European Union leaders start two days of tough talks on Thursday on a joint seven-year budget from 2021 and must work out how to fill a 75 billion euro ($81 billion) hole left by Britain's departure just as they face costly climate, migration and development challenges.
CZECH PRIME MINISTER ANDREJ BABIS
"Imagine me being Harry Potter, having a magic stick and transforming all the planned projects into reality now," he continued. "We would immediately become a second Switzerland."
Of course, Babis was quickly reminded that despite his immense economic and political heft, his powers remain earthbound.
Apart from the Czech Prime Minister Andrej Babis, as a host of the event, the lunch is attended by the prime ministers of Hungary Victor Orban, Polish PM Mateusz Morawiecki, Prime Minister of Slovakia Peter Pelegrini, as well as prime ministers of Western Balkans, among others, Albanian PM Edi Rama, Montenegrin PM Dusko Markovic, and Prime Minister of Northern Macedonia, Zoran Zaev.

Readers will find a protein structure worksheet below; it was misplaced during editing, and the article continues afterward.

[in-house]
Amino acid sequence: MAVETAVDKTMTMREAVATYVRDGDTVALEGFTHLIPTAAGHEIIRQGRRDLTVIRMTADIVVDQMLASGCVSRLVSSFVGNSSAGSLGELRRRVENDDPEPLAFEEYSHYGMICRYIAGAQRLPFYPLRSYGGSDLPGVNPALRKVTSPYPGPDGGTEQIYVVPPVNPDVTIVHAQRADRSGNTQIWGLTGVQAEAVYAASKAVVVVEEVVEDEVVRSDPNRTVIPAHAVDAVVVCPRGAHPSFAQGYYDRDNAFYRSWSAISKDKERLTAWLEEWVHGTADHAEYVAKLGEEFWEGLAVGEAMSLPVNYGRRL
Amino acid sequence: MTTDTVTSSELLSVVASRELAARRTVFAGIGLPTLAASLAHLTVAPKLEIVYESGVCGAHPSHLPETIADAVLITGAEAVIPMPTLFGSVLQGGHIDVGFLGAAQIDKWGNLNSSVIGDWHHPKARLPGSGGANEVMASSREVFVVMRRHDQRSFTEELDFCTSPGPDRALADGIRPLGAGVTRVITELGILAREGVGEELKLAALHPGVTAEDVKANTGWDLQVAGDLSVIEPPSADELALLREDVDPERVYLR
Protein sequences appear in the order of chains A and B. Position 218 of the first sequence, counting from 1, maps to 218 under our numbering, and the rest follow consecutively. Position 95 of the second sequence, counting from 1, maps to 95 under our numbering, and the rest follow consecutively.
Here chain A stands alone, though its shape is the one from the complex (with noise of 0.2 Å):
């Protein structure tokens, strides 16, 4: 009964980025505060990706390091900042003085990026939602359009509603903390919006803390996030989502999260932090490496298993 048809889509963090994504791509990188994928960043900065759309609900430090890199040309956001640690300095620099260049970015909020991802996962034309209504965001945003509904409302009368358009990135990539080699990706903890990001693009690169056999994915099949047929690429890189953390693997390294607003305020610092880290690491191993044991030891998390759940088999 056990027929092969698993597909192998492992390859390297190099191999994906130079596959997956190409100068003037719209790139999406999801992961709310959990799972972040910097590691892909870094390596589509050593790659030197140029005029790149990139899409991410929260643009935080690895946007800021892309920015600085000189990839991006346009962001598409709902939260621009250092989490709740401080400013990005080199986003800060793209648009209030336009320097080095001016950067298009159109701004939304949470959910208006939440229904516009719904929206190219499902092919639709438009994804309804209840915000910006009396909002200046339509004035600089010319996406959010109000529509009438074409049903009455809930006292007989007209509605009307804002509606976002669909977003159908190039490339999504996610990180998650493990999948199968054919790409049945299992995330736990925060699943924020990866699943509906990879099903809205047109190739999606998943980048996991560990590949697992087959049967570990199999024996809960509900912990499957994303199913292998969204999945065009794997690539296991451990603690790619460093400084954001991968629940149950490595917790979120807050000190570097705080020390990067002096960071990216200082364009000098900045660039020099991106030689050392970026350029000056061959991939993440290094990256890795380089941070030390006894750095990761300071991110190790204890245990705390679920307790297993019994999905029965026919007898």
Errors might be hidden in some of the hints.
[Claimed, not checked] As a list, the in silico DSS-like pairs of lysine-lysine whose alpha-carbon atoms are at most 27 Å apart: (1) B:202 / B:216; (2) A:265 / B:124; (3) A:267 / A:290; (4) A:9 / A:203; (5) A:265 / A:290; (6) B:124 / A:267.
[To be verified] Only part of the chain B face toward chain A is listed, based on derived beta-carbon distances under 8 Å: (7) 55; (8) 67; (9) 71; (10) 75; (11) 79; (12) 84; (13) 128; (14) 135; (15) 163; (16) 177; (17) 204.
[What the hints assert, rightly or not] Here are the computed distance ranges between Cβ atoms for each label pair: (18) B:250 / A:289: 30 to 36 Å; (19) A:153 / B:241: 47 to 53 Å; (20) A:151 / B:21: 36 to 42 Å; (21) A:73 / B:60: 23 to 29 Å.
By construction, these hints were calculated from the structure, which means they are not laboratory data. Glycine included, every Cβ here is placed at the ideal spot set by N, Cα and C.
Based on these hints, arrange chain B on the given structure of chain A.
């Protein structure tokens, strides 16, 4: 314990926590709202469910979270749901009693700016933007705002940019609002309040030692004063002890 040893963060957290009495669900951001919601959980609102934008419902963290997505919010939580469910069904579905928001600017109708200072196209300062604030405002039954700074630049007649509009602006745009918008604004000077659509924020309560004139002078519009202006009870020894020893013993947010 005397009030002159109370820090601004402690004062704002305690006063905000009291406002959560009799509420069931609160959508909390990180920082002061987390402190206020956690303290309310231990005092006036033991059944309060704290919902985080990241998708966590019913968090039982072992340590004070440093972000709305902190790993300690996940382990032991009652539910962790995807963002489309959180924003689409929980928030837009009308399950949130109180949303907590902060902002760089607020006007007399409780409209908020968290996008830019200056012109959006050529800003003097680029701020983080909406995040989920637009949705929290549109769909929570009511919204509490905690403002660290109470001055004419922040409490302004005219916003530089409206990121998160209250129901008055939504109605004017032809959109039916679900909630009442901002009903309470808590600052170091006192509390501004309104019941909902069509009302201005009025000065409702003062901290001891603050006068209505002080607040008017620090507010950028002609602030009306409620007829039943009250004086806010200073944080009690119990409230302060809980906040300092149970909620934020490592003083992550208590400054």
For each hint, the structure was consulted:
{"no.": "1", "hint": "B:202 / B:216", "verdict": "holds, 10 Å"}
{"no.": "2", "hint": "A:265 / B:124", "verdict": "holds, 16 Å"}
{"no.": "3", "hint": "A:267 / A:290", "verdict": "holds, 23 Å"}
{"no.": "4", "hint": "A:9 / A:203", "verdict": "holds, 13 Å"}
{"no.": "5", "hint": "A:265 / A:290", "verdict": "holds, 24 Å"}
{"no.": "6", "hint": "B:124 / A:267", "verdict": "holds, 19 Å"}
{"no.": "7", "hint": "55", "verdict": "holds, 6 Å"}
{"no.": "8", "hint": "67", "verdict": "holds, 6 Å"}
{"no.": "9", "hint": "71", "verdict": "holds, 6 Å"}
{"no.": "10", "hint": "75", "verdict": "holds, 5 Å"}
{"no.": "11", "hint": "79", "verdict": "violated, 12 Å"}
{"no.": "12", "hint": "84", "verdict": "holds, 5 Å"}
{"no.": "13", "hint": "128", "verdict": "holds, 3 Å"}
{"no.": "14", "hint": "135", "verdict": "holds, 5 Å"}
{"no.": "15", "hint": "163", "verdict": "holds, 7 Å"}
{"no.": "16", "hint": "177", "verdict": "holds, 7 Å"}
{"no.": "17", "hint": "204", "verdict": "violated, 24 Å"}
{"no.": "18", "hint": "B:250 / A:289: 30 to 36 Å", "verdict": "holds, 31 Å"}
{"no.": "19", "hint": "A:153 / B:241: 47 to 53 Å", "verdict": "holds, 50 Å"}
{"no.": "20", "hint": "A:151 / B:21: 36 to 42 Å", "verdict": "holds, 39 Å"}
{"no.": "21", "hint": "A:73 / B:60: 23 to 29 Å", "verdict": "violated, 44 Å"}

The EU has already frozen non-farm payments to Agrofert — one of the largest Czech recipients of EU aid — and the Czech supreme state prosecutor is looking into whether criminal charges should be brought.
Brussels is likely to levy fines and demand that past aid is repaid, meaning that either the state or Agrofert would have to bear the cost.